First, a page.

The possibility of grilling freshly caught fish might entice some boaters to put a bbq grill on a boat. Another reason to put a bbq grill on a boat could be that you’re sleeping overnight on it and need the grill for general cooking. Or maybe your boating includes late-day cruising and enjoying a sterling sunset with a nice plate of hot food.
It is generally permissible to have a bbq grill on a boat, especially one used out on open water. But if you’re planning on cooking at a marina, or a municipal dock or mooring spot, you should check that this is specifically permitted at that site. This is especially true if the site provides boat fuel.
What Kind of Boat?
You can theoretically use a grill on just about any boat. Of course, space and safety are considerations, so generally small boats aren’t practical. Propane-fueled grills can pose a safety concern if they’re located too close to portable or exposed boat-gas tanks. And the limited space in smaller boats make location and mounting difficult.
Houseboats, pontoon boats, and other big vessels with a lot of open space are more practical, especially if they have a raised rail to which the grill can be mounted. Bbq grills for pontoon boats are especially popular. In fact, there are a number of portable grills that can be used on such craft, as well as mounting mechanisms.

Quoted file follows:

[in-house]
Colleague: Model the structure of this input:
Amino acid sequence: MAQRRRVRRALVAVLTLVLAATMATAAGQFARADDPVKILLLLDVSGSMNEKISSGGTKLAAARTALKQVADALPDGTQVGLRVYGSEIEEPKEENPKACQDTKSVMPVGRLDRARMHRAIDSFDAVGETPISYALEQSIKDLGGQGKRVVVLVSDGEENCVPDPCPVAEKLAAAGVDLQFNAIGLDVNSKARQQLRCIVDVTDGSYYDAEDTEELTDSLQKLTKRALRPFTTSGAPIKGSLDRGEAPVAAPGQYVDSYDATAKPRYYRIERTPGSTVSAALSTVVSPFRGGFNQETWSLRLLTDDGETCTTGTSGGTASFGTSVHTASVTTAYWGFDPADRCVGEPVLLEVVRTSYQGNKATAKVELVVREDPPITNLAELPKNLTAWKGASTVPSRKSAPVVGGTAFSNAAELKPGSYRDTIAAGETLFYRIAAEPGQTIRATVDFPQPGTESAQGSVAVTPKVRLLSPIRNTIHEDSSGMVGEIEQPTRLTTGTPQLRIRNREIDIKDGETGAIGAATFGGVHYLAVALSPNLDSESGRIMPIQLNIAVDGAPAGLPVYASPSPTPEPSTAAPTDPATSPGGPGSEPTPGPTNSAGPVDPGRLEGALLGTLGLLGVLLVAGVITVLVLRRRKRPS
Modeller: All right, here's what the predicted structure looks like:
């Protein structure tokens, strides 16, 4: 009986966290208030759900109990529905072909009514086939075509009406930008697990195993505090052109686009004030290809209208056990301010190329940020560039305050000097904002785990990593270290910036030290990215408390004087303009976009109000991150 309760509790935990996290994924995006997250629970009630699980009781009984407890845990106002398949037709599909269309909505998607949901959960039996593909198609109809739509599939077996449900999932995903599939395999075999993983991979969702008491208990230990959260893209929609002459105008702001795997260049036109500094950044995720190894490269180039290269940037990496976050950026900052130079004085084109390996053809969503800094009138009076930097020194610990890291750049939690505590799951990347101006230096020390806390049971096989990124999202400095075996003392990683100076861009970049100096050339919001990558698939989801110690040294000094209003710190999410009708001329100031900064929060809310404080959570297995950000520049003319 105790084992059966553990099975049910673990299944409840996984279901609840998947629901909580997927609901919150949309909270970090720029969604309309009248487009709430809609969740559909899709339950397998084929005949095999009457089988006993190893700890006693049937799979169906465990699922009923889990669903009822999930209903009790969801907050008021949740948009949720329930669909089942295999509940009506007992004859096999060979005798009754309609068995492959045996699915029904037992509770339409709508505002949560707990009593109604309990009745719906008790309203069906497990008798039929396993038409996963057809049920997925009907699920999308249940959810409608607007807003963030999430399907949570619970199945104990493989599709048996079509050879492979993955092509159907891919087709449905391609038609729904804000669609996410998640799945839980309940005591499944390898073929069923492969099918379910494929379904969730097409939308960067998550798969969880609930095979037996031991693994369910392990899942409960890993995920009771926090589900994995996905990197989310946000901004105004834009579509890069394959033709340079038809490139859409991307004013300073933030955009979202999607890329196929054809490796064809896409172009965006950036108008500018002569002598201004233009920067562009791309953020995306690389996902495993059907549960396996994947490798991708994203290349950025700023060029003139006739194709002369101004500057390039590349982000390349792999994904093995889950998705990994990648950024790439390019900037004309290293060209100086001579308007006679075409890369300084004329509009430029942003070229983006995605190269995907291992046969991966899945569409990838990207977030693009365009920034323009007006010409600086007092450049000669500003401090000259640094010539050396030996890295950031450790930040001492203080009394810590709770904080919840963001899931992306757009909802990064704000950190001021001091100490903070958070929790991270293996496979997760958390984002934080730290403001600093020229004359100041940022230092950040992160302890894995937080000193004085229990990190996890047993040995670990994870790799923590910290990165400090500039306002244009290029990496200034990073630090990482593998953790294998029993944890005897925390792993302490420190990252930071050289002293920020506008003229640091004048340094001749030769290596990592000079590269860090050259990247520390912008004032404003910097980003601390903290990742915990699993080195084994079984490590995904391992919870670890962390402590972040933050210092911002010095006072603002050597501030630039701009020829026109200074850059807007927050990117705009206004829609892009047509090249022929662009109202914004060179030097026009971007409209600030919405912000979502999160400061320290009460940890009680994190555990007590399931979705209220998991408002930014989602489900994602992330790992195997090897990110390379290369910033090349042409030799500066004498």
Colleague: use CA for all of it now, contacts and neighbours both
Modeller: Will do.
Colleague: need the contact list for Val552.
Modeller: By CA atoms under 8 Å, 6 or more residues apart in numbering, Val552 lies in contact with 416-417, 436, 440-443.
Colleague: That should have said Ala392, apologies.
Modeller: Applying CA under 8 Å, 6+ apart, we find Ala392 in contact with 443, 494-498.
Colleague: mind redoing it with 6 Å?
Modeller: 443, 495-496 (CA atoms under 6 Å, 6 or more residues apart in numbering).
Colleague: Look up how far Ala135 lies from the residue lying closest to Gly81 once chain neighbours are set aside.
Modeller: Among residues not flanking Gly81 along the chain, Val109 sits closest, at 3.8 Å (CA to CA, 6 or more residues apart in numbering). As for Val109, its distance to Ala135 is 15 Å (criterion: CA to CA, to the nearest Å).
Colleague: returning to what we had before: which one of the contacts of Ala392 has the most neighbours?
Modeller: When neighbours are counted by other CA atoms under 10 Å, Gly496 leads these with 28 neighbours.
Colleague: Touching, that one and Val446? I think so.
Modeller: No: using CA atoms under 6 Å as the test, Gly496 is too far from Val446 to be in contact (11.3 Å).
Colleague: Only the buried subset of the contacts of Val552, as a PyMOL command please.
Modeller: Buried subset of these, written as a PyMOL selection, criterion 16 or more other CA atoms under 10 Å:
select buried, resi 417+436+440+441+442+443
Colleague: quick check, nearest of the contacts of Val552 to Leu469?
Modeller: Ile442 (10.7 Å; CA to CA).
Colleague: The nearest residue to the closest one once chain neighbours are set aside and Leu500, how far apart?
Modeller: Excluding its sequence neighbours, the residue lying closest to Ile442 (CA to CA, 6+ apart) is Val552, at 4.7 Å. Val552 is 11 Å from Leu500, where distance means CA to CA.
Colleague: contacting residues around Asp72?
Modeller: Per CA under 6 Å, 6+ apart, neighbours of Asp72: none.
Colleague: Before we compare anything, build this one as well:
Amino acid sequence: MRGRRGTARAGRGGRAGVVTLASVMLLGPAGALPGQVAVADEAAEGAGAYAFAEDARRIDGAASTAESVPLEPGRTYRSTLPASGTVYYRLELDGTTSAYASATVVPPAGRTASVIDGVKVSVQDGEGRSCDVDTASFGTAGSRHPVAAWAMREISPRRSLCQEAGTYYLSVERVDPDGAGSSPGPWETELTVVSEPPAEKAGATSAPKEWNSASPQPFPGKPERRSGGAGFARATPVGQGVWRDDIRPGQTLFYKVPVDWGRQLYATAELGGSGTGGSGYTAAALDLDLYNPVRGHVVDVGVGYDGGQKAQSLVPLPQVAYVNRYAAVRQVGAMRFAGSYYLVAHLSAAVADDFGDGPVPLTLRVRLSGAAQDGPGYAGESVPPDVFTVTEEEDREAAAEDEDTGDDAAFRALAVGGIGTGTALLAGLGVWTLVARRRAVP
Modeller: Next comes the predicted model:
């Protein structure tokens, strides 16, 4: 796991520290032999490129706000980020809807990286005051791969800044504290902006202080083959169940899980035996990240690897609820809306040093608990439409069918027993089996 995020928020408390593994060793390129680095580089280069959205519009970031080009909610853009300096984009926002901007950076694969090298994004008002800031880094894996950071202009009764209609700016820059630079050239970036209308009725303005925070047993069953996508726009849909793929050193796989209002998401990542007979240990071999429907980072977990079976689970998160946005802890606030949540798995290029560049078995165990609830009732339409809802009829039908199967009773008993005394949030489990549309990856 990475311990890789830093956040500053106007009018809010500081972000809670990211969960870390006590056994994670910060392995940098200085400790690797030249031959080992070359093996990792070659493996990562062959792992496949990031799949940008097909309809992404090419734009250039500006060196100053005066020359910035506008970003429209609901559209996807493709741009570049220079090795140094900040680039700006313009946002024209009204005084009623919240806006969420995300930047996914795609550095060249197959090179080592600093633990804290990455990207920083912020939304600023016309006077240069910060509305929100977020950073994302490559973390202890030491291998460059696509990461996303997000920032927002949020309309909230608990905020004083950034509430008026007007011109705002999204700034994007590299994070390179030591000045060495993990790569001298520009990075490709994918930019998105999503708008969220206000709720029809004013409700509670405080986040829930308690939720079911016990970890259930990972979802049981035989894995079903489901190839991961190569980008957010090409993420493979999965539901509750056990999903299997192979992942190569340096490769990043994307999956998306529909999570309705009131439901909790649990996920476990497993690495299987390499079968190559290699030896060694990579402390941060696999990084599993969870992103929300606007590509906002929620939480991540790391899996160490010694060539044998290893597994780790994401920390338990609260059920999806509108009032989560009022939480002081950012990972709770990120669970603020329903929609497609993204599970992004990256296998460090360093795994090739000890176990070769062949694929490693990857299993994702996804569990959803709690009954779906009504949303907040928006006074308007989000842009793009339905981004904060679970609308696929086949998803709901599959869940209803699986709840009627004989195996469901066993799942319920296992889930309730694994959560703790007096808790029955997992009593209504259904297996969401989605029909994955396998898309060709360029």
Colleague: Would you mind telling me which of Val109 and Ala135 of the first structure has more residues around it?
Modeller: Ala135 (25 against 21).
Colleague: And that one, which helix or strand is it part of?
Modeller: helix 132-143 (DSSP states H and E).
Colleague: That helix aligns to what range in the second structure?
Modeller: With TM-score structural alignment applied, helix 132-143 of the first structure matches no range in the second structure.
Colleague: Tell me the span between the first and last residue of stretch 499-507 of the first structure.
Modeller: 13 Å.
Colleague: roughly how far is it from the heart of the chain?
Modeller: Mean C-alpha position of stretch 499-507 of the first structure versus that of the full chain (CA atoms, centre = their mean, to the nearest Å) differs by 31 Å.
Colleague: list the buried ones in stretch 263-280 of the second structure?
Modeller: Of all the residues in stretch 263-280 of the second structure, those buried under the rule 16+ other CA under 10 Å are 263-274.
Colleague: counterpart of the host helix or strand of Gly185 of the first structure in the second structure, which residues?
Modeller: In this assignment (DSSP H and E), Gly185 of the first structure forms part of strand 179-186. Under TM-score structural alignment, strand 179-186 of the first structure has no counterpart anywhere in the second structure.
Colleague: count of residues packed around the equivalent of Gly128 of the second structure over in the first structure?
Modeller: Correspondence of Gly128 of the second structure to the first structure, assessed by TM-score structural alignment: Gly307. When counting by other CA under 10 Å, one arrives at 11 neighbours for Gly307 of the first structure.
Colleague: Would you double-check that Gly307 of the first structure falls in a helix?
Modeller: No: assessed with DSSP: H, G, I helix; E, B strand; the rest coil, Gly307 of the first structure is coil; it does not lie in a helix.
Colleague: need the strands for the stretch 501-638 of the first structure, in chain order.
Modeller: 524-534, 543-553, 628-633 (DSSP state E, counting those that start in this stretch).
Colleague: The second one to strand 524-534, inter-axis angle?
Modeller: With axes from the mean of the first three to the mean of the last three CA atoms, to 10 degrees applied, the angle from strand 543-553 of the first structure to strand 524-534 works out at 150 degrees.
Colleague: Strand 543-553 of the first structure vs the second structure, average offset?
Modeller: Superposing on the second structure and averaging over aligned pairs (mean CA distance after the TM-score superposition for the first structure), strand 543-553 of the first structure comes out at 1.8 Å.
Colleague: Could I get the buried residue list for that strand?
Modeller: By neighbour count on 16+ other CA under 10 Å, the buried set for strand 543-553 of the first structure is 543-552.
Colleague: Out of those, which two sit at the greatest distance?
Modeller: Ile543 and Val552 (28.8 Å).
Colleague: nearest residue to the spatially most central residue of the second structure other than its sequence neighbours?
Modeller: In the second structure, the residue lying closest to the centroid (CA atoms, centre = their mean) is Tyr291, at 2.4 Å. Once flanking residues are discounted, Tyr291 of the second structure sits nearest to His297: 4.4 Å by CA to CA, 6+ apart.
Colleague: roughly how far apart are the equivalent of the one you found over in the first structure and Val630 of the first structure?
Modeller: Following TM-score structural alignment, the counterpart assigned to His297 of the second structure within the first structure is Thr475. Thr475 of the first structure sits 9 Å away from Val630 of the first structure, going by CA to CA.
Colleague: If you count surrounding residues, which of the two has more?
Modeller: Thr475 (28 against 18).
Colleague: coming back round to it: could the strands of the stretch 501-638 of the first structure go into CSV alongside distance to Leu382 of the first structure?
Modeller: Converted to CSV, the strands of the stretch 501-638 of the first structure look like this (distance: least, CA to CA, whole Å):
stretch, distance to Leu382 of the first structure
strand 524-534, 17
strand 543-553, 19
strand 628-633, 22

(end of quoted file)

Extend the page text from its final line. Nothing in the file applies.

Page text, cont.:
What Kind of Grill?
It’s debatable what are the best bbq grills for boats, but there are a variety available (used also for camping, RVs, tailgating, and small events) from reputable manufacturers. These include gas, propane, and electric versions. Electric may not be an option for many boats without an electric port (think about battery drain), and propane is likely the most popular. A charcoal grill, incidentally, is not a good option for safety and cleanup reasons, as well as issues with cooling-down time and ash disposal.
You should consider surface cooking area and how much food you’ll need to grill, in addition to rail-mount connections. Also keep in mind the difficulty in keeping a flame going, as there is likely to be wind on some occasions when you’re on the boat.
As you would at home, shut off the grill when you’re finished grilling, and don’t leave it unattended while in operation. Don’t grill when the boat is underway. And don’t ignite the grill if you smell boat gas.